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Babylonian Talmud: Tractate Sanhedrin
Our Rabbis taught: But there remained two men in the camp.9 Some say: They [i.e., their names]10 remained in the urn.11 For when the Holy One, blessed be He, said to Moses, Gather unto me seventy of the elders of Israel,12 Moses said [to himself]: 'How shall I do it? If I choose six out of each tribe, there will be two more [than the required number]; if I select five, ten will then be wanting. If, on the other hand, I choose six out of one and five out of another, I shall cause jealousy among the tribes.' What did he do? — He selected six men [out of each tribe], and brought seventy-two slips, on seventy of which he wrote the word 'Elder', leaving the other two blank. He then mixed them all up, deposited them in an urn, and said to them, 'Come and draw your slips.' To each who drew a slip bearing the word 'Elder', he said, 'Heaven has already consecrated thee.' To him who drew a blank, he said: 'Heaven has rejected thee, what can I do?' Similarly, thou readest, Thou shalt take five shekels apiece by the poll.13 Moses reasoned: How shall I act toward Israel? If I say to a man, 'Give me [the shekels for] thy redemption,' he may answer, 'A Levite has already redeemed me.' What did he do? He brought twenty-two thousand slips and wrote on each, 'Levite', and on another two hundred and seventy-three he wrote, 'five shekels'. Then he mixed them up, put them into an urn and said to the people, 'Draw your slips.' To each who drew a slip bearing the word 'Levite', he said, 'The Levite has redeemed thee.' To each who drew a ticket with 'five shekels' on it, he said, 'Pay thy redemption and go.'
R. Simeon said: They14 remained in the Camp. For when the Holy One, blessed be He, ordered Moses: Gather unto me seventy of the elders of Israel, Eldad and Medad observed, 'We are not worthy of that dignity.' Thereupon the Holy One, blessed be He, said, 'Because you have humbled yourselves, I will add to your greatness yet more greatness.' And how did He add to their dignity? — In that all [the other prophets] prophesied and ceased, but their prophesying did not cease. And what did they prophesy? — They said, 'Moses shall die and Joshua shall bring Israel into the land.'
Abba Hanin said on the authority of R. Eliezer: They prophesied concerning the matter of the quails,15 [saying], 'Arise, quail; arise, quail.'
R. Nahman said: They prophesied concerning Gog and Magog.16 as it is said, Thus saith the Lord God: Art thou he of whom I spoke in old time by My servants the prophets of Israel, that prophesied in those days for many years17 that I would bring thee against them? etc.18 Read not 'shanim' [years] but 'shenayim' [two].19 And which two prophets prophesied the same thing at the same time? — Say, they are Eldad and Medad.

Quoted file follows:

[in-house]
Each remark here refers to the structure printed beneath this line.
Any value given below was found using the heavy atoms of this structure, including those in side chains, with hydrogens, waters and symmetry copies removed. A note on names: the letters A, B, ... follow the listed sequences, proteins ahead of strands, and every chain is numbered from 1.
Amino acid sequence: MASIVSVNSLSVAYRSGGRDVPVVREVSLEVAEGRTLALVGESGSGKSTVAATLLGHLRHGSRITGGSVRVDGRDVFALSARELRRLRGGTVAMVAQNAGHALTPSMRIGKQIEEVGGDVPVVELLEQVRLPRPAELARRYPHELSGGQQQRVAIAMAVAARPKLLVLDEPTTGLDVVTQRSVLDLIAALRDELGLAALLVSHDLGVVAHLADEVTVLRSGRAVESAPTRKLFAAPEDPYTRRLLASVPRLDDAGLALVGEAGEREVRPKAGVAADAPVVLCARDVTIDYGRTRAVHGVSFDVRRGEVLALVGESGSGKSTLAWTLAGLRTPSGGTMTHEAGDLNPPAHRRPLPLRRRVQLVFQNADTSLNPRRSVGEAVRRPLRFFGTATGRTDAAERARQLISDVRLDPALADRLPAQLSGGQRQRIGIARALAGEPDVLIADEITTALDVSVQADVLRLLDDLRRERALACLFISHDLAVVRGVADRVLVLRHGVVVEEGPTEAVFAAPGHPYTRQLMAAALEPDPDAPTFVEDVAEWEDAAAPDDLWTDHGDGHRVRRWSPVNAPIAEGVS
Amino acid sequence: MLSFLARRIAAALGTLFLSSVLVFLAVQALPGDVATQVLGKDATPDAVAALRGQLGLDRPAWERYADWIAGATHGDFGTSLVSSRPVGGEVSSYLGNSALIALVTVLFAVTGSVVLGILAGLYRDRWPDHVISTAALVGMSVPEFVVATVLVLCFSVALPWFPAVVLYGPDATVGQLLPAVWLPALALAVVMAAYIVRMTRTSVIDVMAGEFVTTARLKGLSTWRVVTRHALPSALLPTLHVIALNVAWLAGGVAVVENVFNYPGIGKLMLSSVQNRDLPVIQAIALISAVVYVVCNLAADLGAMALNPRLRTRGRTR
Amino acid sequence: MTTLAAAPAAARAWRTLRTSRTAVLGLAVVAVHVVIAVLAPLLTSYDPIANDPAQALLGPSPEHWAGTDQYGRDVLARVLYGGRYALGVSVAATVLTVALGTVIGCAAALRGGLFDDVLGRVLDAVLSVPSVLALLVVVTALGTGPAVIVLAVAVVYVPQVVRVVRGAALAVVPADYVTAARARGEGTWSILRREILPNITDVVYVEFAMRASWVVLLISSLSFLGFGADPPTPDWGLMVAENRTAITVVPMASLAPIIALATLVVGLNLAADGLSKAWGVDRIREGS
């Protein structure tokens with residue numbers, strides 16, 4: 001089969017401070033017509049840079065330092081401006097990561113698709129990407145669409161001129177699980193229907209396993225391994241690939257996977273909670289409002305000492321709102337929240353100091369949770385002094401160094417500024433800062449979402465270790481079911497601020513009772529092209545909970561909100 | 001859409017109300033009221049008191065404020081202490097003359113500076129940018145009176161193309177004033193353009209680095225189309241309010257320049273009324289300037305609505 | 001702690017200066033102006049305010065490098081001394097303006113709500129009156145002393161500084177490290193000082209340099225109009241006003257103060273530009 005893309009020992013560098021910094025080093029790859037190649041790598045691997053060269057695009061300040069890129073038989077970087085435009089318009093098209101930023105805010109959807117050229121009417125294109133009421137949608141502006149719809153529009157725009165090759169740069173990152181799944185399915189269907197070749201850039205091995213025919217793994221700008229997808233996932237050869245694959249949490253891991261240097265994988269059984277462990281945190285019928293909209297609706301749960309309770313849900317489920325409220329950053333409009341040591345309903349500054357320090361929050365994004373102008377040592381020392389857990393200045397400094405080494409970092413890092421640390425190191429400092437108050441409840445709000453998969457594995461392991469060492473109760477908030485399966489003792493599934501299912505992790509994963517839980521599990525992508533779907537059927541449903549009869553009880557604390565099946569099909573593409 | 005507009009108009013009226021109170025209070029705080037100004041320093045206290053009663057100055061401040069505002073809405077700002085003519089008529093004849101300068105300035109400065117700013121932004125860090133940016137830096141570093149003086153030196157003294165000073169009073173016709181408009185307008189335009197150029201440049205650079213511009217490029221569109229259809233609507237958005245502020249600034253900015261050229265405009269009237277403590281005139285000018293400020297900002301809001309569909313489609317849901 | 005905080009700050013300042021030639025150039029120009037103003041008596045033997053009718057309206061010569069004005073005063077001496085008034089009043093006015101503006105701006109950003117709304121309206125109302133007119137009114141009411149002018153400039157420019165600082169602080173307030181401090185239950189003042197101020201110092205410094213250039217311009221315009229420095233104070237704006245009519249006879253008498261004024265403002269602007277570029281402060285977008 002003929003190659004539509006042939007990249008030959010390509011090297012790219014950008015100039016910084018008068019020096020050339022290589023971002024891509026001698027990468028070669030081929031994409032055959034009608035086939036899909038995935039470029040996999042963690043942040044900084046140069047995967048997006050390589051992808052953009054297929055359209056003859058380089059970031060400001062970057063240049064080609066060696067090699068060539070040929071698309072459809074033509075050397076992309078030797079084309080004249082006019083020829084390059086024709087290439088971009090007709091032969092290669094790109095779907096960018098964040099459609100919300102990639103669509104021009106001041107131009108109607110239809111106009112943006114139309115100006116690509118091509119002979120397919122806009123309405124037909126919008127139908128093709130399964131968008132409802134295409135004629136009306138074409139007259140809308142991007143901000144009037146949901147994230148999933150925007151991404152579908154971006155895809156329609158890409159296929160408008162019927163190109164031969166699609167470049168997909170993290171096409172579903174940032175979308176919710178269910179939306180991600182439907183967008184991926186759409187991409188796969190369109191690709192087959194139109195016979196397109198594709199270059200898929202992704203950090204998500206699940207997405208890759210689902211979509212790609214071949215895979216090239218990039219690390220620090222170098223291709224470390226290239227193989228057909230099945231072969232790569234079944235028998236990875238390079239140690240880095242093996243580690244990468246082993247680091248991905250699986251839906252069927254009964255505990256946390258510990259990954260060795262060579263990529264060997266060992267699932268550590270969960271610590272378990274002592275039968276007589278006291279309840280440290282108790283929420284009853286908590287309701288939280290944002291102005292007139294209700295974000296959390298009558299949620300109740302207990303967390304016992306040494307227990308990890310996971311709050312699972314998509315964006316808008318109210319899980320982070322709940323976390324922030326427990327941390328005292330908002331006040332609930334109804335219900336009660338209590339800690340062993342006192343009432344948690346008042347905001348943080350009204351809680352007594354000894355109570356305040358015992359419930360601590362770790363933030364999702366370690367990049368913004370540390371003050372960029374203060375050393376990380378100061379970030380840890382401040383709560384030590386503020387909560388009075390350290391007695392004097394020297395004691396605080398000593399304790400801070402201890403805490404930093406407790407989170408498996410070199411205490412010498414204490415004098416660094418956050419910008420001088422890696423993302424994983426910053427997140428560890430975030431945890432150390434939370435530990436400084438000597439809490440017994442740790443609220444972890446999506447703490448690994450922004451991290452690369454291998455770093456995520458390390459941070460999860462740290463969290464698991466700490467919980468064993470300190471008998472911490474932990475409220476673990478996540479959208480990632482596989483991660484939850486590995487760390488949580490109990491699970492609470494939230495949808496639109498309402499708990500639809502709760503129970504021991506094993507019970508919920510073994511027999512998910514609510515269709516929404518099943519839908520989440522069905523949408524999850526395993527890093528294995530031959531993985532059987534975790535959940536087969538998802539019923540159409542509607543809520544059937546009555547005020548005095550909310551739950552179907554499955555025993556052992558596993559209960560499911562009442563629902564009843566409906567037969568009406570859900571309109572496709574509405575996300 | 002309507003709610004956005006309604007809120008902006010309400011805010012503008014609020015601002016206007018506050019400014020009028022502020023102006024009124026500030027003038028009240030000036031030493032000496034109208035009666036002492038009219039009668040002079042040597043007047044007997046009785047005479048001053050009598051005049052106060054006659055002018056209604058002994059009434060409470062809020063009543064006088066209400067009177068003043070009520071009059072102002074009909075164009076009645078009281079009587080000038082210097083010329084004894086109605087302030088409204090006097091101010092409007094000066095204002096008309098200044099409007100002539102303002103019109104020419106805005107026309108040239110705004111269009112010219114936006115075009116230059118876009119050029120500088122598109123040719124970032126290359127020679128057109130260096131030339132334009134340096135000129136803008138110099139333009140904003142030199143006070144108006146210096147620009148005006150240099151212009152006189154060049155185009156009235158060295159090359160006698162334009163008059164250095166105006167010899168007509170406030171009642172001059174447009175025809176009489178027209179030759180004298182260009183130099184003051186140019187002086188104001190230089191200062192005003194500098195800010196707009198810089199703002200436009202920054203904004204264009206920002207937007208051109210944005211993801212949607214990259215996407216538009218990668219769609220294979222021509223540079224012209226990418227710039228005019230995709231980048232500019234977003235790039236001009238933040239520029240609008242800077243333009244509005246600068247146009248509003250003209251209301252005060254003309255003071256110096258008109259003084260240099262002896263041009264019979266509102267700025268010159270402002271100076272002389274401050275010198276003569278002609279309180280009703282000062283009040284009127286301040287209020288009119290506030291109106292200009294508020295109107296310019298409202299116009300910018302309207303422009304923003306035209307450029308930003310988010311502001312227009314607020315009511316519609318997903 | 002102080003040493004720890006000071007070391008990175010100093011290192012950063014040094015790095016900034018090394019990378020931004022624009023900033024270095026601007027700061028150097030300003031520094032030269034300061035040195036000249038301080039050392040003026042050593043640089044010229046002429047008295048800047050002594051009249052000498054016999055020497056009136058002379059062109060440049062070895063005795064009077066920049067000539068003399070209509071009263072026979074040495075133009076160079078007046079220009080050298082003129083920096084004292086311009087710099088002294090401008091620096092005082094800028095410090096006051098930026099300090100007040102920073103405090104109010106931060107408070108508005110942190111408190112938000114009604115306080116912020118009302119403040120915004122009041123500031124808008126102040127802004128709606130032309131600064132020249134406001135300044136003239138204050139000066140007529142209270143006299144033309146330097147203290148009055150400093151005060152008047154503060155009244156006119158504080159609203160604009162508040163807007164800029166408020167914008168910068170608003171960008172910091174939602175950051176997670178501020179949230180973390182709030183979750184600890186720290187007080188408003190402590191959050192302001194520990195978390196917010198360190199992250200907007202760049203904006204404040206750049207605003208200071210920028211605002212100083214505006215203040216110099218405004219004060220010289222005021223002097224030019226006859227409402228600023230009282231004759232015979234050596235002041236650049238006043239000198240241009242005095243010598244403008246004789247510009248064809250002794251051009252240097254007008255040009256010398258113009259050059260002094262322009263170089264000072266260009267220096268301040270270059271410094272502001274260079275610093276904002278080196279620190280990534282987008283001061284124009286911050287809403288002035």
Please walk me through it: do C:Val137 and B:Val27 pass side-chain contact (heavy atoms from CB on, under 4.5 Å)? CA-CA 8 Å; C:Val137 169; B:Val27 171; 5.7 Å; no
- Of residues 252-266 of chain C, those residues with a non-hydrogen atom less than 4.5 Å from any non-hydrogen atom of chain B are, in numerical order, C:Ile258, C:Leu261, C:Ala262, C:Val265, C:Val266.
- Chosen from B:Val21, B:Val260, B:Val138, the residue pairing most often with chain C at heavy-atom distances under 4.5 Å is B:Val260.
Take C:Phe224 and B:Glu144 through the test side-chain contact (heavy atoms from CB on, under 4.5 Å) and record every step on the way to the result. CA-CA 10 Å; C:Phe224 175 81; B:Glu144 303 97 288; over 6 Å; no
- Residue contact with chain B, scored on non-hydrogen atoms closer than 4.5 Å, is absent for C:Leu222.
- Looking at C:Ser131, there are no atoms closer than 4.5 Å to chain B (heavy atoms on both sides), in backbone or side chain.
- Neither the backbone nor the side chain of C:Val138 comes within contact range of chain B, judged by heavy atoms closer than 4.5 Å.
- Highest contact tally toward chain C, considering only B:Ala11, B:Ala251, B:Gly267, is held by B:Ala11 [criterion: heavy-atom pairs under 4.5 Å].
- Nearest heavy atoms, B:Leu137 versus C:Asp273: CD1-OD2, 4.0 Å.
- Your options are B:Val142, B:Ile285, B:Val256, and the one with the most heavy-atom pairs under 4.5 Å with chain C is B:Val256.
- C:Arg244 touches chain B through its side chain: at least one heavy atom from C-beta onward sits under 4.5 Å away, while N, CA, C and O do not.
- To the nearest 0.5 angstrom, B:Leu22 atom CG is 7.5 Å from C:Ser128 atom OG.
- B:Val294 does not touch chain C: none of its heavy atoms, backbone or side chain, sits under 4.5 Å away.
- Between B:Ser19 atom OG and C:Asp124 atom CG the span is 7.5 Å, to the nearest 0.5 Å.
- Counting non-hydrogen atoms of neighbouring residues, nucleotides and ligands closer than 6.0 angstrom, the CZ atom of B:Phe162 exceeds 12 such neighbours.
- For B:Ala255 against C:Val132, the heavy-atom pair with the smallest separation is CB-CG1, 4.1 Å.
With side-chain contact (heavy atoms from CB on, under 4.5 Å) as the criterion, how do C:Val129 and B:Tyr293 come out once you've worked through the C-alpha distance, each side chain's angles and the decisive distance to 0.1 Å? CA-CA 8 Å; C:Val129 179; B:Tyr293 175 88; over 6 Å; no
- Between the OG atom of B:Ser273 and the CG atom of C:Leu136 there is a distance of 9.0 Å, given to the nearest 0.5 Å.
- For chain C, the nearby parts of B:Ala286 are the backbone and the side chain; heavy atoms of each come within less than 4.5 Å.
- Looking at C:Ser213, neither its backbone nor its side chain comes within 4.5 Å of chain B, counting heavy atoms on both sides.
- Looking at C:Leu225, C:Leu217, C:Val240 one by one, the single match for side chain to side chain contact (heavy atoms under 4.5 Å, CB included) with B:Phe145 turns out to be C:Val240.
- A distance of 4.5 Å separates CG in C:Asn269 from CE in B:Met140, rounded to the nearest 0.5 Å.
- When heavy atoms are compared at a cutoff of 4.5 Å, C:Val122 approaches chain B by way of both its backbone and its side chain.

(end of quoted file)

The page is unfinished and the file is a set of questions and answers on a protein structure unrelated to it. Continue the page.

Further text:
The Master said: 'All the other prophets prophesied and ceased, but they prophesied and did not cease.' Whence do we infer that the others ceased? Shall we say, from the verse, They prophesied 'velo yasafu' [but they did so no more]?20 If so, what of the passage. With a great voice, velo yasaf?21 Does that too mean, it went on no more?22 But that must be interpreted, It did not cease!23 — But here24 it is written, And they prophesied,25 whereas there26 it is stated, [they] were prophesying,27 i.e., they were still continuing to prophesy.
Now, according to the statement [that they prophesied] that Moses would die, [Joshua's request,] My Lord Moses, forbid them, is understandable; but on these two other views,28 why [did he say], My Lord Moses, forbid them29 — Because their behaviour was not seemly, for they were like a disciple who decides questions in the very presence of his teacher. Now, according to these two other opinions [the wish expressed by Moses,] Would that all the Lord's people were prophets29 is reasonable; but on the view [that they prophesied] that Moses would die, was he then pleased therewith? — They did not complete their prophecy in his presence. How was Moses to 'forbid them' [as Joshua requested]? He [Joshua] said to him: Lay upon them public cares, and they will cease [prophesying] of themselves.30
WHENCE DO WE LEARN THAT WE MUST FIND ANOTHER THREE? But after all, a majority of two for an adverse verdict is impossible:31 if eleven find the man not guilty and twelve find him guilty, there is still a majority of only one;32 and if there are ten for not guilty and thirteen for guilty, there is a majority of three? — R. Abbahu said: [The majority of two] is possible only where [two] judges are added,33 and then the Mishnah agrees with the opinion of all, whilst in the major Sanhedrin, it is possible in accordance with the view of R. Judah, who holds their number to be seventy.34